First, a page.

|Pope Benedict arrives in Edinburgh, Scotland|
earlier this morning. (photo c/o The Guardian)
Earlier today, Pope Benedict XVI touched down in the United Kingdom for an official visit during which he will celebrate the beatification of one of the most well-known converts to the Catholic Church, Ven. John Henry Newman. Today is also the feast day of St. Cornelius (d. 253), pope and martyr. Since this early Christian martyr served as pope, it's a good excuse to examine a common question that alot of people ask Catholics: who is the pope? In today's installment of "Ask a Catholic" we'll give you the answer.
The pope (from the Greek papa, an affectionate term for father) is the bishop of Rome. There are thousands of bishops (Gk. episcopoi, or "overseers") all over the world who, through their lines of succession, can all trace their offices back to the apostles - the men who were appointed by Christ himself to lead his Church. ("Where is that in the Bible?", you ask. Well, Christ told the twelve "as the Father has sent me, even so I send you" [John 20:21] and the word apostle means "one who is sent." Jesus gave to his apostles certain ministerial gifts such as the power of "binding and loosing" and the power to forgive and retain sins- which implies a need to confess them -[see Matthew 18:18; John 20:23] so that they could effectively pastor the Church in the Lord's name until his return.)
Anyway, the bishop of Rome (the pope) is considered to be the leader of the Church's bishops; "the first among equals." This is not because of the efficacy of the man who holds the title, but rather because of the position he holds - bishop of Rome - which is also sometimes called the "Apostolic See." Why Rome? You have to remember that Rome was the capital of the Empire and, as such, was the most important city in the world during the apostolic age. It was there, that the two most important early leaders of the Church - Sts. Peter and Paul - were martyred for the Faith, and there that they are buried. Peter was Jesus' hand-picked leader of the apostles, and he was the leader (or bishop) of the Roman church before his death.
So, from the earliest days (and there are plenty of extant writings from the generations of Christians which immediately followed the apostles to back this up) the local church of Rome was considered to be the principal church in the worldwide Church and her bishop, the successor of St. Peter, came to be recognized as taking the place of Peter as the leader among the world's bishops. The pope today inherits and carries forth the same position of Christ-ordained leadership among the world's bishops that St. Peter held among the original apostles. For this reason, we recognize him as "Vicar of Christ" (because he governs the earthly Church in the stead of Christ); "Supreme Pontiff" (because, through Christ [the true and eternal high priest] he is the "supreme priest" of the earthly Church); and "servant of the servants of God." Pope Benedict XVI is the 265th pope.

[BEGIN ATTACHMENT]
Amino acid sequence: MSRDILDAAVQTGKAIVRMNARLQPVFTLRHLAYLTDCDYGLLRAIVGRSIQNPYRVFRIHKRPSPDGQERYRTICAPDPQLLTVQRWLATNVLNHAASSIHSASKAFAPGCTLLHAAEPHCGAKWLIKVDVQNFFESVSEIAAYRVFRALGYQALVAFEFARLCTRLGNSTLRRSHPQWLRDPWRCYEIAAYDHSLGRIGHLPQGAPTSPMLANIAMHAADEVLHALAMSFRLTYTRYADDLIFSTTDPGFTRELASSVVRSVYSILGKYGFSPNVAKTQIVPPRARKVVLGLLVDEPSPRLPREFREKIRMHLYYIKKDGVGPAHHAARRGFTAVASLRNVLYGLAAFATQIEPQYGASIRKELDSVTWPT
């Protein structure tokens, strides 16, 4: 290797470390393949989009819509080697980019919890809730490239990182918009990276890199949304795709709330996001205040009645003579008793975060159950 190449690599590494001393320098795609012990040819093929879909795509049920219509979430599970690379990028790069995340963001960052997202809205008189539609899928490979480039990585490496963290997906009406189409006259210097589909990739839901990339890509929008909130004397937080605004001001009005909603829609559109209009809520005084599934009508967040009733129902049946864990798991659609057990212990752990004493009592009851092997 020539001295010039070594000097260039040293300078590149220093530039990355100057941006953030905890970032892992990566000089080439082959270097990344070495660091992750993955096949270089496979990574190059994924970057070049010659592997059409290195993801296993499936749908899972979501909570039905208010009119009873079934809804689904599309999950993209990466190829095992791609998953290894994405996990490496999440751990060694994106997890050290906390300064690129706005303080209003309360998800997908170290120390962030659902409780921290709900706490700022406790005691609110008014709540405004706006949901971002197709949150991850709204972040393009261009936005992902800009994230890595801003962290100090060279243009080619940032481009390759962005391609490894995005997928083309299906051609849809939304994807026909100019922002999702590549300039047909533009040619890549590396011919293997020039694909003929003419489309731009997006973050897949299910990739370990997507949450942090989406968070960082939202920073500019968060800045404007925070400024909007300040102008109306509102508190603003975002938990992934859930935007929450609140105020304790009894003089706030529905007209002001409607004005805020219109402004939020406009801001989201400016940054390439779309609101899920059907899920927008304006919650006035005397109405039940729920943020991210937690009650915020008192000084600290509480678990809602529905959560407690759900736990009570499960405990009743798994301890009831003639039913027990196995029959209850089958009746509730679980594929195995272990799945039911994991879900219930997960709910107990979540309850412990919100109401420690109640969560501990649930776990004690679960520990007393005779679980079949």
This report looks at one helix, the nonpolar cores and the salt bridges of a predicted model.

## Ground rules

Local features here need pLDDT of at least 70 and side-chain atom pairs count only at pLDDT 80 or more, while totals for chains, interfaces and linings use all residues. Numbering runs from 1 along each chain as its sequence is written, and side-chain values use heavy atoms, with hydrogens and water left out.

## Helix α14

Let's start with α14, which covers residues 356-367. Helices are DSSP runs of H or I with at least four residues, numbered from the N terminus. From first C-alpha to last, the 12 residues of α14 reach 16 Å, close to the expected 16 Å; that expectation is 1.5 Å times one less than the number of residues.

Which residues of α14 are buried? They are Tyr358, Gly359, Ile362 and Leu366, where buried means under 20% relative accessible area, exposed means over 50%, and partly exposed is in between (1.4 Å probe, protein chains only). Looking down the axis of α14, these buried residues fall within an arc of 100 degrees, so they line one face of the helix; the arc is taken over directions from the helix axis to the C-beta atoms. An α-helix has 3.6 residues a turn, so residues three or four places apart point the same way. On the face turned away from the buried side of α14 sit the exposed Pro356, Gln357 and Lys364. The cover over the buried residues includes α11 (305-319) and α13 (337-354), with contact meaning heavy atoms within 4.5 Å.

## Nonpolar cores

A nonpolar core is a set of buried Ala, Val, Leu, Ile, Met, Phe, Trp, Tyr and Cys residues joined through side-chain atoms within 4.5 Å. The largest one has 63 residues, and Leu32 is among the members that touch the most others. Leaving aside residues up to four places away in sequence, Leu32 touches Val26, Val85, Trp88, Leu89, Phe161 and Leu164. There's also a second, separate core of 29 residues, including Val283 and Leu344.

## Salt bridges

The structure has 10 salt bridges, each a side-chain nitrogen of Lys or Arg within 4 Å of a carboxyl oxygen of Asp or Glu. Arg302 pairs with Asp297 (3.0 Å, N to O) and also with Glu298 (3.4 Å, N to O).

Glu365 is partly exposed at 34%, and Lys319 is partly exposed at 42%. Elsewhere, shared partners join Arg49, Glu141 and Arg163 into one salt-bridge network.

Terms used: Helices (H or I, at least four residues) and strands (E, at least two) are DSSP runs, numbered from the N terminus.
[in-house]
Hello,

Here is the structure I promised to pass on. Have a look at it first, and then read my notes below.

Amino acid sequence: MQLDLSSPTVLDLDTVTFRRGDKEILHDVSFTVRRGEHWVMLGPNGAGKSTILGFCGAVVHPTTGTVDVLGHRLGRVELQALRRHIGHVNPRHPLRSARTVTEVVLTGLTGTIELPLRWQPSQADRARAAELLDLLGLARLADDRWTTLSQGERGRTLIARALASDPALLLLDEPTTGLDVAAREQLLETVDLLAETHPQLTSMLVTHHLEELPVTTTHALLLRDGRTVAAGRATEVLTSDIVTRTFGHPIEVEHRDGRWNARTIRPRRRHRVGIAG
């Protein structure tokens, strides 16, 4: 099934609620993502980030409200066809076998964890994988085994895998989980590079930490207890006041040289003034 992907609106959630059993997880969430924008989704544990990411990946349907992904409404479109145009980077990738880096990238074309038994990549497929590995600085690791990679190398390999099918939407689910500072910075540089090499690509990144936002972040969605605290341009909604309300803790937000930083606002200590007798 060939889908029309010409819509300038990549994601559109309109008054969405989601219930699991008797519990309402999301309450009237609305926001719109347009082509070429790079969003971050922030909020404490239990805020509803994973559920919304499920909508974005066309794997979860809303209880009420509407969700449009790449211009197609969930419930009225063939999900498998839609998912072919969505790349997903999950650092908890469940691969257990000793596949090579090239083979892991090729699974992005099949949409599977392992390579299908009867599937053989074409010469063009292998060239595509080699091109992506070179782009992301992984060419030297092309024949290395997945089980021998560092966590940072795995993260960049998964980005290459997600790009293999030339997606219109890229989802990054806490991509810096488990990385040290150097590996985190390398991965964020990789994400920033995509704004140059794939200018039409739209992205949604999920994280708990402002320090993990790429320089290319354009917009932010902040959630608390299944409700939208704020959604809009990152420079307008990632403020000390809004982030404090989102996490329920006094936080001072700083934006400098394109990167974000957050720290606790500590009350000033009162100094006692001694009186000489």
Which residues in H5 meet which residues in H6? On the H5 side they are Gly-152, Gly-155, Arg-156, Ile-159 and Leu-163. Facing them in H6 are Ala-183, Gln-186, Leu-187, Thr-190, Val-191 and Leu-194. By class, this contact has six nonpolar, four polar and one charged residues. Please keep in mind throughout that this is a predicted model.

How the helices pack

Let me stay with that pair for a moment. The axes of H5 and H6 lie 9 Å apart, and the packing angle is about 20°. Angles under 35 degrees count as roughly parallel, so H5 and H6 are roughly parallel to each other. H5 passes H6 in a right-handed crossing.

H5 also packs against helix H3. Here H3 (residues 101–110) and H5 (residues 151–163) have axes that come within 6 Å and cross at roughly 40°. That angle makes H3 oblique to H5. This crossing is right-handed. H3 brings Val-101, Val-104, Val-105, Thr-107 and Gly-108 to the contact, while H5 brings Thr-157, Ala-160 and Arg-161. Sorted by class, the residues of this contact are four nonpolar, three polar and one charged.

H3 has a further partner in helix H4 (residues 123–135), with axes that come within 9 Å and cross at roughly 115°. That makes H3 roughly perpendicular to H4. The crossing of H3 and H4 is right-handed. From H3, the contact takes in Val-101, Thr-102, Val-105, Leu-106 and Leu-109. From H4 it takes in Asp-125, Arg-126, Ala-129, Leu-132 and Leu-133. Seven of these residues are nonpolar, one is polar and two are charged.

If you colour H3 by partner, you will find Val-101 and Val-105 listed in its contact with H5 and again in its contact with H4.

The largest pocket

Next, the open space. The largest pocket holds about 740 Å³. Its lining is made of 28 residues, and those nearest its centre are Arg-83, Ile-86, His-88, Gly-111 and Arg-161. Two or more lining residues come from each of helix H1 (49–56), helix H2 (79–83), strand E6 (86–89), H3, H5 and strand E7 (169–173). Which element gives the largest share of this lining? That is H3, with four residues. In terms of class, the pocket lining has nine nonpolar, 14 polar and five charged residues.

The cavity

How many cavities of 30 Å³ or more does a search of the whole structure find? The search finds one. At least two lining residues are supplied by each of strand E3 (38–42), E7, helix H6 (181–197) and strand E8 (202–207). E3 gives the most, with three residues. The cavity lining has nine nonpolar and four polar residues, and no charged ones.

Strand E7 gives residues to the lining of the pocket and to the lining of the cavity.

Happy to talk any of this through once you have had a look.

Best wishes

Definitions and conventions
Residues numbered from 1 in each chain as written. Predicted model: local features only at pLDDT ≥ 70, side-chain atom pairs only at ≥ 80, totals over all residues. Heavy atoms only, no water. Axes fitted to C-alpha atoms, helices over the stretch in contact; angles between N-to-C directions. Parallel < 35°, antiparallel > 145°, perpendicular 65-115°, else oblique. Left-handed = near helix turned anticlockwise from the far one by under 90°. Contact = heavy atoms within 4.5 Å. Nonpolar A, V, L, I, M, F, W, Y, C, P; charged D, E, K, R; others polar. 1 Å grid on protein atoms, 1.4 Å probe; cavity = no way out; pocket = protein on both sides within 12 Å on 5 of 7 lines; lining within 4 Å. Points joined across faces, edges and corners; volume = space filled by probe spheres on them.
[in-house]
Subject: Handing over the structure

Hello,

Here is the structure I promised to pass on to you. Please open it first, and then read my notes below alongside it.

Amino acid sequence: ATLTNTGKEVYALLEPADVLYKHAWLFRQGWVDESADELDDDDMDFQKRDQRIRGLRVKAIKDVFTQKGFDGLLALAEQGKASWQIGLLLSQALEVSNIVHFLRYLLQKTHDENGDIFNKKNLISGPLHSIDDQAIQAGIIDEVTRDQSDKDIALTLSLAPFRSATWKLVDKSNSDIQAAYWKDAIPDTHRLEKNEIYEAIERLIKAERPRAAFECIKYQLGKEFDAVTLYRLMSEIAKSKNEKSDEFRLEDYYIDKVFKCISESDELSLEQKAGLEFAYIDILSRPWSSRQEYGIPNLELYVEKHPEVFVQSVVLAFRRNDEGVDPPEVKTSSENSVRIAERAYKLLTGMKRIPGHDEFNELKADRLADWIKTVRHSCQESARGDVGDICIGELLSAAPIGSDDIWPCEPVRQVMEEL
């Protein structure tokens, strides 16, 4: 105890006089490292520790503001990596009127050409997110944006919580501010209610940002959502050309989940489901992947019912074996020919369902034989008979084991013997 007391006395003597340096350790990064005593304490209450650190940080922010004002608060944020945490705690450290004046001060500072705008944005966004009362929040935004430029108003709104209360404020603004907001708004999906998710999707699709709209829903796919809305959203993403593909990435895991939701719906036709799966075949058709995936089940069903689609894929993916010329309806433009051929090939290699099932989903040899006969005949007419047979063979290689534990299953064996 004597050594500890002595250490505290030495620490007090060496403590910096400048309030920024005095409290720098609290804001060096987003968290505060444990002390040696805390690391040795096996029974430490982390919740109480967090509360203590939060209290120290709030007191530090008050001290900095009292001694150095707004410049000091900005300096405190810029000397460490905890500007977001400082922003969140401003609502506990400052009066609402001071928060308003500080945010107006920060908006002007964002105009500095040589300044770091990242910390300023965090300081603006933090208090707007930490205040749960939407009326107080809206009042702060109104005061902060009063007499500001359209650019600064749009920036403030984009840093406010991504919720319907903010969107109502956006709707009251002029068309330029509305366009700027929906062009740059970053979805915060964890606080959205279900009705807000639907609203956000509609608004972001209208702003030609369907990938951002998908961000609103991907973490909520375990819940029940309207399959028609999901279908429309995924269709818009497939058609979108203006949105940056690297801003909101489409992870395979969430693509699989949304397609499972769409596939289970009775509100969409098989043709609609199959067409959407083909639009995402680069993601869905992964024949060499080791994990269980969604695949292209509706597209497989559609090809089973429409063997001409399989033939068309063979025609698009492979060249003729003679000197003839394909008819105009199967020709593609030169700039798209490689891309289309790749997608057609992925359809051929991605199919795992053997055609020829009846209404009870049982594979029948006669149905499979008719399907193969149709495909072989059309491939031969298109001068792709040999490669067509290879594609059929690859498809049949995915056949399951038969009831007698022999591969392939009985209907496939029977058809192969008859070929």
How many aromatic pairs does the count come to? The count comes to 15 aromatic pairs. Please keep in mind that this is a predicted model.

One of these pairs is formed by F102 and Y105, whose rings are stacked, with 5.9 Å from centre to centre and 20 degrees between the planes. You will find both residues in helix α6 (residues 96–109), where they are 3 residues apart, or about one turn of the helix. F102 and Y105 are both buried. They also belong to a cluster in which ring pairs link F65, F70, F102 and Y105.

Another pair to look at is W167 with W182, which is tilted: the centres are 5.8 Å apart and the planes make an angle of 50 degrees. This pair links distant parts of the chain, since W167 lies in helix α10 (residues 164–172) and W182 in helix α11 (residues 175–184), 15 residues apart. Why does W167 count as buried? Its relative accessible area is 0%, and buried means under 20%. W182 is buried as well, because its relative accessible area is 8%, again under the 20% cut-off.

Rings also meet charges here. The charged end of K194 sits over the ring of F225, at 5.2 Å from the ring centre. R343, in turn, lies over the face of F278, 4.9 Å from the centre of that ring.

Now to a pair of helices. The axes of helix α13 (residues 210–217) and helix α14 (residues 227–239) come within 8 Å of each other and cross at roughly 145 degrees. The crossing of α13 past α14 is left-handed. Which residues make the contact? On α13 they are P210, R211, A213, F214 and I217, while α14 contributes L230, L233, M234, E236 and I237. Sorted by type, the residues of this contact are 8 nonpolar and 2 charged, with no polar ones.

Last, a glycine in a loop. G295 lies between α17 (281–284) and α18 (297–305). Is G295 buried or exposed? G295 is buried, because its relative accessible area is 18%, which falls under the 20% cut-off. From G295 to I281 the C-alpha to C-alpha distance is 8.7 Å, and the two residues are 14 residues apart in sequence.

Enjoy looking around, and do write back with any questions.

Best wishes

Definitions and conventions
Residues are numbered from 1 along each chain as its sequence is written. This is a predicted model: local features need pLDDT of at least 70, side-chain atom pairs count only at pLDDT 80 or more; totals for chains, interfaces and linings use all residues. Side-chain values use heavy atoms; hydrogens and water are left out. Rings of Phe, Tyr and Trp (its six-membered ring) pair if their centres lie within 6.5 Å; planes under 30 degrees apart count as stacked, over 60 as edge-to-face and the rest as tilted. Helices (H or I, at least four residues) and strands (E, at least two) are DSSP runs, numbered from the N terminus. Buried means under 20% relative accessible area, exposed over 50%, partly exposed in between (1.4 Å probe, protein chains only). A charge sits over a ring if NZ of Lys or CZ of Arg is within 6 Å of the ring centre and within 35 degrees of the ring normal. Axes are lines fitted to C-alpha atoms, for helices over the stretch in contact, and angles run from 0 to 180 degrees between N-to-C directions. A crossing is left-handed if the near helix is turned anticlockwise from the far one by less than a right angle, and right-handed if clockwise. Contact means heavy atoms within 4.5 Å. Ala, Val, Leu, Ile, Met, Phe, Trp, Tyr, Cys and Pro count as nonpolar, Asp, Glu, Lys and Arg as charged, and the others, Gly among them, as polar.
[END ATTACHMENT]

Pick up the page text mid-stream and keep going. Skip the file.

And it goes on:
Here are some of the pertinent biblical quotes regarding the position and responsibilities first given to Peter and passed on to his successors:
"He said to them, 'But who do you say that I am?' Simon Peter replied, 'You are the Christ, the Son of the living God.' And Jesus answered him, 'Blessed are you, Simon Bar-Jona! For flesh and blood has not revealed this to you, but my Father who is in heaven. And I tell you, you are Peter, and on this rock I will build my church, and the powers of death shall not prevail against it. I will give you the keys of the kingdom of heaven, and whatever you bind on earth shall be bound in heaven, and whatever you loose on earth shall be loosed in heaven.'" (Matthew 16:17-19).
"Simon, Simon, behold, Satan demanded to have you, that he might sift you like wheat, but I have prayed for you that your faith may not fail; and when you have turned again, strengthen your brethren." (Luke 22:31-32).
"When they had finished breakfast, Jesus said to Simon Peter, 'Simon, son of John, do you love me more than these?' He said to him, 'Yes, Lord; you know that I love you.' He said to him, 'Feed my lambs.' A second time he said to him, 'Simon, son of John, do you love me?' He said to him, 'Yes, Lord; you know that I love you.' He said to him, 'Tend my sheep.' He said to him the third time, 'Simon, son of John, do you love me?' Peter was grieved because he said to him the third time, 'Do you love me?' And he said to him, 'Lord, you know everything; you know that I love you.' Jesus said to him, 'Feed my sheep. Truly, truly, I say to you, when you were young, you girded yourself and walked where you would; but when you are old, you will stretch out your hands, and another will gird you and carry you where you do not wish to go.' (This he said to show by what death he was to glorify God.) And after this he said to him, 'Follow me.' (John 21:15-19).
|"Delivery of the Keys" by Pietro Perugino, 1481-82,|
fresco in the Sistine Chapel, Rome.
If you would like more information on the role of the papacy in the Church, an excellent and very readable resource is Upon This Rock: St. Peter and the Primacy of Rome in Scripture and the Early Church by Stephen K. Ray. If you'd like to get a hint of Ray's arguments, try this article first.